Are you asking, “What is mathematical and computation thinking?” If so, you are not alone.” This practice may even sound a little intimidating to some. It shouldn’t be cause for alarm.

Mathematical and computational thinking includes things like finding patterns in numbers, measuring, identifying characteristics of data sets, graphing. . . and much more. Mathematical and computational thinking is a key science and engineering practice. The first step in helping students gain these important skills is to be sure that as educators we understand what is included in this practice. Here’s how the Framework describes the progression of mathematical and computational thinking.

Increasing students’ familiarity with the role of mathematics in science is central to developing a deeper understanding of how science works. As soon as students learn to count, they can begin using numbers to find or describe patterns in nature. At appropriate grade levels, they should learn to use such instruments as rulers, protractors, and thermometers for the measurement of variables that are best represented by a continuous numerical scale, to apply mathematics to interpolate values, and to identify features—such as maximum, minimum, range, average, and median—of simple data sets.

A significant advance comes when relationships are expressed using equalities first in words and then in algebraic symbols—for example, shifting from distance traveled equals velocity multiplied by time elapsed to s = vt. Students should have opportunities to explore how such symbolic representations can be used to represent data, to predict outcomes, and eventually to derive further relationships using mathematics. Students should gain experience in using computers to record measurements taken with computer-connected probes or instruments, thereby recognizing how this process allows multiple measurements to be made rapidly and recurrently. Likewise, students should gain experience in using computer programs to transform their data between various tabular and graphical forms, thereby aiding in the identification of patterns.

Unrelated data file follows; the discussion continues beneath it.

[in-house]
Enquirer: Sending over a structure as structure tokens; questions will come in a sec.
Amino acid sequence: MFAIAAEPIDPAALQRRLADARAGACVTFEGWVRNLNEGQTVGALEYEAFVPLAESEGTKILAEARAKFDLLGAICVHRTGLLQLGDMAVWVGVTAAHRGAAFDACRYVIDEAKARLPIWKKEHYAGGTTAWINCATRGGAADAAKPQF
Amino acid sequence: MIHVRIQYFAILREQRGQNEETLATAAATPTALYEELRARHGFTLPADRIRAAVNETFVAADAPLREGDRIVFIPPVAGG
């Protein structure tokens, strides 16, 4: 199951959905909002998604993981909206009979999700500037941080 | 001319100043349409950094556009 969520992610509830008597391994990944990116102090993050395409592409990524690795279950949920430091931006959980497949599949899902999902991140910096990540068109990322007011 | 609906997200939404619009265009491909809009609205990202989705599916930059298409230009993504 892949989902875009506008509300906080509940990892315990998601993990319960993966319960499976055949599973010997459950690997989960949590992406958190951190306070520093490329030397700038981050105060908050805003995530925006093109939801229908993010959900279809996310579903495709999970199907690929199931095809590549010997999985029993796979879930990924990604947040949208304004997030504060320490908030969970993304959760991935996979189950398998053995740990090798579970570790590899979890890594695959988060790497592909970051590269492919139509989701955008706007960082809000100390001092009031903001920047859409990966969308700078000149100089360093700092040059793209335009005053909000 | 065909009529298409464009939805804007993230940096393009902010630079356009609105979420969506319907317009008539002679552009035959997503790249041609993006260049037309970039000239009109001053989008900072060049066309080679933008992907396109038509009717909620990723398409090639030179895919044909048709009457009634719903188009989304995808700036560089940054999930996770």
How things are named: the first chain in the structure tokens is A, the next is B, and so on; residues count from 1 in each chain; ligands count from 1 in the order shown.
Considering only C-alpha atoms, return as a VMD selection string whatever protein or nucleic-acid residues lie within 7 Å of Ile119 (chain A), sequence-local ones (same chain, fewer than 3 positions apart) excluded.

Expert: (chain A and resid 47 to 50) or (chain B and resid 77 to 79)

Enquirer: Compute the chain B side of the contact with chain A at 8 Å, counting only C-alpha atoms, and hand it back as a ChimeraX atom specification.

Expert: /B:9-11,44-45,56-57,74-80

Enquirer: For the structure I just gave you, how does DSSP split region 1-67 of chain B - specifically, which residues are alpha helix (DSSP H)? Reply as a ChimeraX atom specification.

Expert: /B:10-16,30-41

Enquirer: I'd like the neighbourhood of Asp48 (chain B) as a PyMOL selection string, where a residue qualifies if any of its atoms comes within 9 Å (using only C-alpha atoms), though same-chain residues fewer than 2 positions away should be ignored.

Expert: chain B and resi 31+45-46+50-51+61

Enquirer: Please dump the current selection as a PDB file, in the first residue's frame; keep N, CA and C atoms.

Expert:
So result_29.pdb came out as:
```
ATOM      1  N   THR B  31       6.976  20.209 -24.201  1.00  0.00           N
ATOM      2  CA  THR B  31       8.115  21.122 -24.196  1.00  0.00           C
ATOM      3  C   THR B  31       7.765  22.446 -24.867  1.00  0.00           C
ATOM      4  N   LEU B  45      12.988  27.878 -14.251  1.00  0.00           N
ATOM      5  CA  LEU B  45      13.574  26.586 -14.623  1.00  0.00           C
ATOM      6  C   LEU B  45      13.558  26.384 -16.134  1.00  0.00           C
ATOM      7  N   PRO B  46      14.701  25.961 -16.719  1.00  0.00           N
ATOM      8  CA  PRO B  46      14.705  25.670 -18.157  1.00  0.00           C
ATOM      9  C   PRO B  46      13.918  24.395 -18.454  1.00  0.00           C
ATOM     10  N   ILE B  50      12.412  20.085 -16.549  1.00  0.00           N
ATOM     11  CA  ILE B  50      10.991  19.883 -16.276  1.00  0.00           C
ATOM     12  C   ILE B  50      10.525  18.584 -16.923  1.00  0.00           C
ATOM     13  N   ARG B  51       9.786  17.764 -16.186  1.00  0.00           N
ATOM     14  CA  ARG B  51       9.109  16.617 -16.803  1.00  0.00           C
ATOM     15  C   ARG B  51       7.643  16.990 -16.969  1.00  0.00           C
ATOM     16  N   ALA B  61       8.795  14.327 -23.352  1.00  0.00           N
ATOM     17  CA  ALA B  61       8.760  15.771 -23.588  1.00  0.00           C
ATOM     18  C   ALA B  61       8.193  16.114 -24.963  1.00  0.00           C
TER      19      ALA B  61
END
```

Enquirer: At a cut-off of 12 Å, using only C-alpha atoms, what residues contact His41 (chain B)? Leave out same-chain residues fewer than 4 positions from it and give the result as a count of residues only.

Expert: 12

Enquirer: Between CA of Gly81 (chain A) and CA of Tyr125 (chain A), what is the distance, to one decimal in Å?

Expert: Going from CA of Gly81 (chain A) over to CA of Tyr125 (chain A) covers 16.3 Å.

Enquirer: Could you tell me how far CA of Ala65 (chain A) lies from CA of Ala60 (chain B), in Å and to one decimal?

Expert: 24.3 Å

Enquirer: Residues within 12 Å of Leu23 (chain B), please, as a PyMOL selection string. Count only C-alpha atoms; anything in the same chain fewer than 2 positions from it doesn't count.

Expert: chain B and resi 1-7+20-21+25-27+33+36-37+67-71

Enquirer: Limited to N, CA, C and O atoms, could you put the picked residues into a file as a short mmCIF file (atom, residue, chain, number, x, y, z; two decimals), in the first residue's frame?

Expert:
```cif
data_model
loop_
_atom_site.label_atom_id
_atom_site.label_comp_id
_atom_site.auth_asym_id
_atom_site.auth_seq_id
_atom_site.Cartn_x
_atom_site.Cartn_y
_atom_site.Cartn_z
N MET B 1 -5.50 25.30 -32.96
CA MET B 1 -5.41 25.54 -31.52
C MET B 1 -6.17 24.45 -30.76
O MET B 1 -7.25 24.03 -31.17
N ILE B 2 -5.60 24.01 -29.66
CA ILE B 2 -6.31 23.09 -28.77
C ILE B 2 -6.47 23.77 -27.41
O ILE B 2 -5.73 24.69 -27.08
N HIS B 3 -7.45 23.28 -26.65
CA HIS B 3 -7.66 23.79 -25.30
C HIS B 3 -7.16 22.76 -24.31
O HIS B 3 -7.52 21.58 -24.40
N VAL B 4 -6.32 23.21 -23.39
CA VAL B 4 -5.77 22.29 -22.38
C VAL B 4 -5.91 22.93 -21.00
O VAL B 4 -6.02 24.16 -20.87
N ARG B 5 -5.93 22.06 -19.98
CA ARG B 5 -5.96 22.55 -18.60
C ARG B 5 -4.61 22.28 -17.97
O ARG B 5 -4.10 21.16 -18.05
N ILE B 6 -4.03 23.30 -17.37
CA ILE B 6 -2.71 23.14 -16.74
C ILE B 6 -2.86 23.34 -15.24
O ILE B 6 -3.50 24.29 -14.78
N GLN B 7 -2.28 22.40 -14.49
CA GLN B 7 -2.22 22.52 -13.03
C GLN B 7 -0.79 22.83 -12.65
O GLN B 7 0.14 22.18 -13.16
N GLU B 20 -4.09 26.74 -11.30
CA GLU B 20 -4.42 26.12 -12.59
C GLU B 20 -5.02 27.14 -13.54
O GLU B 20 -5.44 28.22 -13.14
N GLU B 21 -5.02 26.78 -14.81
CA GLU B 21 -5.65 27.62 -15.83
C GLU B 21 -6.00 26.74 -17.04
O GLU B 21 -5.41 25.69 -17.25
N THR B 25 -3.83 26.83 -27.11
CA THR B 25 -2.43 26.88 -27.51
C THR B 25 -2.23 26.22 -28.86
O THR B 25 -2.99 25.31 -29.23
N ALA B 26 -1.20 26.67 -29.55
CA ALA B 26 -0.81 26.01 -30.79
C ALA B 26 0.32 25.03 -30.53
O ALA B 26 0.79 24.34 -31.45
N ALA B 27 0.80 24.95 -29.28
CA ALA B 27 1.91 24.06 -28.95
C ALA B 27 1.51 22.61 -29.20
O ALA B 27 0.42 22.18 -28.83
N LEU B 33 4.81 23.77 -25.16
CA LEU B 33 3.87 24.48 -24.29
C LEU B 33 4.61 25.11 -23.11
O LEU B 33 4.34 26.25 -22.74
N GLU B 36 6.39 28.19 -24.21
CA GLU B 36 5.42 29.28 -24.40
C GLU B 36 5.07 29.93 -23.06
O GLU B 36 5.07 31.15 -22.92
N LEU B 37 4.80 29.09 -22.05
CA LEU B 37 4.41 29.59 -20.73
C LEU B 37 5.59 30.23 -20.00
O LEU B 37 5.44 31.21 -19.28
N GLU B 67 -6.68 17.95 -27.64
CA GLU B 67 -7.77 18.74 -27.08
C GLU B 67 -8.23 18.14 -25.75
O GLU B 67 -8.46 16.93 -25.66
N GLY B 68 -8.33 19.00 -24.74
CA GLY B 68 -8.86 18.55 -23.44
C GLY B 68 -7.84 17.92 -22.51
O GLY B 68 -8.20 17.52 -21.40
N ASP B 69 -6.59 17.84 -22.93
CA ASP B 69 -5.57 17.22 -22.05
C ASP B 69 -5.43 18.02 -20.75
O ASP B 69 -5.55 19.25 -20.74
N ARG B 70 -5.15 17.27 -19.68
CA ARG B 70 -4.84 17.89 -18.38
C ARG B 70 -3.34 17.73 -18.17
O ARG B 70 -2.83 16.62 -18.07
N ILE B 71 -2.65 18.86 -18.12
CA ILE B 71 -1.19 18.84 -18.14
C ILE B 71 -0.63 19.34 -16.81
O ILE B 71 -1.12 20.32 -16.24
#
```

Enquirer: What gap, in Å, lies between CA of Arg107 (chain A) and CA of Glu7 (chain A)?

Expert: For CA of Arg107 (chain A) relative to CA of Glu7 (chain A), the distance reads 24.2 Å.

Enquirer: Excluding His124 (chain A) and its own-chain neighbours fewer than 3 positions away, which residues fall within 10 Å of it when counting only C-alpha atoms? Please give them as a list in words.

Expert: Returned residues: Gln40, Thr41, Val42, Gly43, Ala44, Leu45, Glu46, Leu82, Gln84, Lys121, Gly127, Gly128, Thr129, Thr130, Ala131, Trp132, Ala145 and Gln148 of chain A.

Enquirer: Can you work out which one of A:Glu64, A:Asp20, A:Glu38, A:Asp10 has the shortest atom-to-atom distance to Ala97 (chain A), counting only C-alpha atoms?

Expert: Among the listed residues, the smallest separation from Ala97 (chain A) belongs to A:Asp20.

Students should thus be encouraged to explore the use of computers for data analysis, using simple data sets, at an early age. For example, they could use spreadsheets to record data and then perform simple and recurring calculations from those data, such as the calculation of average speed from measurements of positions at multiple times. Later work should introduce them to the use of mathematical relationships to build simple computer models, using appropriate supporting programs or information and computer technology tools. As students progress in their understanding of mathematics and computation, at every level the science classroom should be a place where these tools are progressively exploited.

The MLTI devices include tools that can support students in developing mathematical and computational thinking.

Students can use spreadsheets and graphing programs of **Bento, Grapher, Geogebra,** **Data Studio, Logger Pro and Omni Graph Sketcher** to find patterns in numbers and data, and predict outcomes, describe features of data sets (maximum and minimum), relate mathematic relationships to sets of numbers (x+3=7), and relate these to science phenomena like the growth of a plant or the increasing temperature of heating water.

Students can use **Net Logo** and **Maine Explorer** to explore and manipulate computer models.

You can learn more about mathematical and computational thinking by listening to the NSTA webinar by Robert Mayes and Bryan Shader.